Monday, July 28, 2014
Gold slipped on Monday due to a stronger dollar but was supported near $1,300 an ounce as its safe-haven appeal rose due to heightened tensions between the West and Russia, and violence in the Middle East.
Trading during Asian hours was thin as investors were eyeing the Federal Reserve's policy meet and major U.S. data releases later in the week to gauge the strength of the economy and the outlook for the central bank's monetary policy.
Spot gold dipped 0.2 percent to $1,304.60 per ounce by 0632 GMT, largely holding the previous session's 1.1 percent gain. The metal logged its second consecutive weekly drop on Friday on strong U.S. economic data.
"Gold is still seeing some safe-haven interest but is under pressure today because of the dollar," said a trader in Sydney. "The key test will be later in the week when we get jobs data and possible comments from the Fed on U.S. interest rates.
" A string of recent strong economic data has increased speculation that the Fed will hike interest rates sooner than expected.
The U.S. dollar hovered near six-month highs against a basket of major currencies early on Monday, holding on to solid gains made last week.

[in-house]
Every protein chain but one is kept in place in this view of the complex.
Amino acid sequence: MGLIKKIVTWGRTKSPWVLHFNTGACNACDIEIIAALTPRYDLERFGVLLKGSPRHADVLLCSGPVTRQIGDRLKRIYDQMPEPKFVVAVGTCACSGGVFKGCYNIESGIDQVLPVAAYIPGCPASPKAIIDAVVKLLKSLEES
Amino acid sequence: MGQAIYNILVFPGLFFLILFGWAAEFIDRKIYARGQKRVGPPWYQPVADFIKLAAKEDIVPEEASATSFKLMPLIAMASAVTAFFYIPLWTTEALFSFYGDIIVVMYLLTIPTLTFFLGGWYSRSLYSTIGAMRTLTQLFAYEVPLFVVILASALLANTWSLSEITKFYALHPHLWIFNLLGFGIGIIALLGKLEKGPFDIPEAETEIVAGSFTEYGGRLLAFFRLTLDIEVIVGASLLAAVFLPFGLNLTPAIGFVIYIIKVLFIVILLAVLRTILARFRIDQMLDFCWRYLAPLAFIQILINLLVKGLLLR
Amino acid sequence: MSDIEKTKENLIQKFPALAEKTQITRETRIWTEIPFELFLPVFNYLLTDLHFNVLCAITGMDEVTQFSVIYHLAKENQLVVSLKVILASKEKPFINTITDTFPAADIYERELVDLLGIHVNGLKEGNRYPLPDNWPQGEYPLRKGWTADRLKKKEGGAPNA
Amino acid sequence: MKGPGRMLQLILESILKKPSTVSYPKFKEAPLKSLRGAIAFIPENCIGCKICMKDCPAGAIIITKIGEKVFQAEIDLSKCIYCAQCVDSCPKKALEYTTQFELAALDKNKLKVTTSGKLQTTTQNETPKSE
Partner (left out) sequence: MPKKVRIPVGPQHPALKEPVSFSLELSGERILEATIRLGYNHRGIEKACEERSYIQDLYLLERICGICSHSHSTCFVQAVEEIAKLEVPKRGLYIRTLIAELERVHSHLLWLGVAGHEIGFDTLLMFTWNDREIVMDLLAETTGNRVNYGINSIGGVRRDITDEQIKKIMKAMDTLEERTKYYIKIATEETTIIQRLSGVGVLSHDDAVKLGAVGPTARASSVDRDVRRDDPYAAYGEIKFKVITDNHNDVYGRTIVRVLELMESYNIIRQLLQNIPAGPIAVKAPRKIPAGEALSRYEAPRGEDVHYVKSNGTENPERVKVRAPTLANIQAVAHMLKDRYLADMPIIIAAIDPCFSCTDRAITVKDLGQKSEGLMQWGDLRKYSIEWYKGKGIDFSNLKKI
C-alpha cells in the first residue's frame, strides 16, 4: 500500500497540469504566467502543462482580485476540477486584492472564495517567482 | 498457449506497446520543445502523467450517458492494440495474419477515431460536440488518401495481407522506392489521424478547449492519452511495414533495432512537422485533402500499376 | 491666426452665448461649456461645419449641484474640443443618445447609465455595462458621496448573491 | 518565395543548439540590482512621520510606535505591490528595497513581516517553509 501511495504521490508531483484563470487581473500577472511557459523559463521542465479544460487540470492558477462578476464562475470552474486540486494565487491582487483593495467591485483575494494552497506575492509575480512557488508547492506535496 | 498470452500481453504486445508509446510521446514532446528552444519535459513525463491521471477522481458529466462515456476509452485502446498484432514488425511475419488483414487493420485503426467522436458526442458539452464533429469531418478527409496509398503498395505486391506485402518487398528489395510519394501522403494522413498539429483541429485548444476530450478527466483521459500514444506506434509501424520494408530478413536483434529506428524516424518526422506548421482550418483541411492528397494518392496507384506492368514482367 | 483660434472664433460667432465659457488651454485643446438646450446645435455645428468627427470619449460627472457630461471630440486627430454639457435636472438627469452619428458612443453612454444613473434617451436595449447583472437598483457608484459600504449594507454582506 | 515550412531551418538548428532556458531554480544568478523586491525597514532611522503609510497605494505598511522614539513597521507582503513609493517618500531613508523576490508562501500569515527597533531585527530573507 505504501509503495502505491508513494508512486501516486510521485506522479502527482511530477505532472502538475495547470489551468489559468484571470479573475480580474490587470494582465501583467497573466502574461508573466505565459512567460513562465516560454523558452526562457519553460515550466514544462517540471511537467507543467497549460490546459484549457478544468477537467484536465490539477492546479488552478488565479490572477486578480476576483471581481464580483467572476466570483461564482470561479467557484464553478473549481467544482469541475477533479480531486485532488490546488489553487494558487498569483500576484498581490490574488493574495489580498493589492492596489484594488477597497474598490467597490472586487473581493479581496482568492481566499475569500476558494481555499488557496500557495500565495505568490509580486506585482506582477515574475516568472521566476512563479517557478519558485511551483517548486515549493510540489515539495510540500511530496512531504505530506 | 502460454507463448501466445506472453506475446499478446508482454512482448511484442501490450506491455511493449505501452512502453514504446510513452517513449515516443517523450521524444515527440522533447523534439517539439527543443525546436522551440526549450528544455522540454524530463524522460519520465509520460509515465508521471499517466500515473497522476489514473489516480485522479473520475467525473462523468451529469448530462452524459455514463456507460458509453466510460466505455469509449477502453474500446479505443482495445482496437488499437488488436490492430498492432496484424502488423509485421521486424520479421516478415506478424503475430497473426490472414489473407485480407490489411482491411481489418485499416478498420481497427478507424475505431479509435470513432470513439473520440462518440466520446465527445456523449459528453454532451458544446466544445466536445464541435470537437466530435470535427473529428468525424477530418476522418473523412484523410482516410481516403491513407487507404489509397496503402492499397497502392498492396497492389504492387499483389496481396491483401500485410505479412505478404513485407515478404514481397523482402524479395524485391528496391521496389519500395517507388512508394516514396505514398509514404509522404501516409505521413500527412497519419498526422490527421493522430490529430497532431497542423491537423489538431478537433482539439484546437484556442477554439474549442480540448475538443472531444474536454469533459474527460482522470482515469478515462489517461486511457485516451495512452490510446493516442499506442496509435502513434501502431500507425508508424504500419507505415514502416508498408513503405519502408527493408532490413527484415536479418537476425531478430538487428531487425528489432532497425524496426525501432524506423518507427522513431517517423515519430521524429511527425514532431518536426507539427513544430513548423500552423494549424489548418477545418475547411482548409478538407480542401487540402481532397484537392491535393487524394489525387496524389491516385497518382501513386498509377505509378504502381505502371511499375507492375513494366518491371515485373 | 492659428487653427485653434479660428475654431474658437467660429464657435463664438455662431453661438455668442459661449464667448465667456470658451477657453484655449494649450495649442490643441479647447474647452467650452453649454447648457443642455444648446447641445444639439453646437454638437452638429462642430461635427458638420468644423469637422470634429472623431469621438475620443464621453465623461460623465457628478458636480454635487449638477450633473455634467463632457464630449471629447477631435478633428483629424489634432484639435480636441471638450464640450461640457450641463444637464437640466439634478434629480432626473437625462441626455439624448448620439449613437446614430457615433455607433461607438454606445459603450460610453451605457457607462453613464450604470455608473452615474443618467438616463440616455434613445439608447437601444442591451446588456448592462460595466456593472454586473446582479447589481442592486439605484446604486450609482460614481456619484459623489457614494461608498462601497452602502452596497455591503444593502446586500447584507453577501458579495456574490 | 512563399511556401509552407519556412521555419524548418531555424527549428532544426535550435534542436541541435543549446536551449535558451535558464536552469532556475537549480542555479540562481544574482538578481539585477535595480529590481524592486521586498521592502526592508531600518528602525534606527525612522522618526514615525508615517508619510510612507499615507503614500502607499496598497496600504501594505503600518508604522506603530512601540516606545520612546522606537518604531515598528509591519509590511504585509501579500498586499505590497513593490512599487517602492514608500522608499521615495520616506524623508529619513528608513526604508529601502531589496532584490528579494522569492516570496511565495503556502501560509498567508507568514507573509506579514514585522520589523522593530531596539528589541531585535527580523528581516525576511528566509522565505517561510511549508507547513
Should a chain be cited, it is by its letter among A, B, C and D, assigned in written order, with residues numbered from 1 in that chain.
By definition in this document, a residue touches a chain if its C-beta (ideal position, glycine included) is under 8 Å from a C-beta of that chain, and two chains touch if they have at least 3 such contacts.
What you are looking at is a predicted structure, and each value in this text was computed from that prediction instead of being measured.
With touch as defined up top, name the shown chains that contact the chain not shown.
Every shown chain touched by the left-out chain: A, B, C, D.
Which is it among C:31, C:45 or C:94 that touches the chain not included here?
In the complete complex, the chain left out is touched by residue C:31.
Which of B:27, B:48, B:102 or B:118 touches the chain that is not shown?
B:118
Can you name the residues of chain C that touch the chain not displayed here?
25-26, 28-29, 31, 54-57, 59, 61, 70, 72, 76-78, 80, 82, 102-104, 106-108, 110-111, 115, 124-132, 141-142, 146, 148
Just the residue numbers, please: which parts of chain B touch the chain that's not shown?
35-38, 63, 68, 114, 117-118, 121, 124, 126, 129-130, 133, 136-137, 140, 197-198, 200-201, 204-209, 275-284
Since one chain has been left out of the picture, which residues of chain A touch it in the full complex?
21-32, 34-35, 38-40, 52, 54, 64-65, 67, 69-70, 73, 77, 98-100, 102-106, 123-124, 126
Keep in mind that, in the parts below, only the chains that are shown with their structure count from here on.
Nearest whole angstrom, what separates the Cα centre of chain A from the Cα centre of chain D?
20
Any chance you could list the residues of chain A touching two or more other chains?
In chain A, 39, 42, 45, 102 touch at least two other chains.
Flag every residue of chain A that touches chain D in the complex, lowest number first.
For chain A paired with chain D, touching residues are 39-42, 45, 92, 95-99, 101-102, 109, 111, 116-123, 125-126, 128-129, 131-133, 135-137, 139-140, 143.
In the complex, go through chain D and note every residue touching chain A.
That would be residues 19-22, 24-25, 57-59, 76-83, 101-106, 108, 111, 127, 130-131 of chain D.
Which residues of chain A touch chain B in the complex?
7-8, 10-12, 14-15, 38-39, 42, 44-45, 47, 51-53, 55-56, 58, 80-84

A stronger greenback pressures dollar-denominated gold as the metal becomes more expensive for holders of other currencies.
Gold, seen as an alternative investment, was also sold as Asian stocks shrugged off a drop in Wall Street and hovered near three-year highs on Monday.
Bullion investors were closely watching developments in the Middle East and Ukraine for signs of worsening tensions that could bid up its safe-haven appeal.
Fighting subsided in Gaza on Sunday after Hamas Islamist militants said they backed a 24-hour humanitarian truce but there was no sign of any comprehensive deal to end fighting with Israel.
Fierce clashes between Ukrainian troops and pro-Russian rebels continued on Sunday as Europe and the United States prepared economic sanctions on Russia over the conflict.
"Gold will likely enjoy a measure of stability at least in the early part of the week on account of the deteriorating situation with Russia and the expected stiffer round of sanctions being contemplated by the Europeans," INTL FCStone analyst Edward Meir said in a note.
But the slew of U.S. numbers later in the week that are likely to be good should boost equities and hurt gold prices, Meir said.
That's all for now.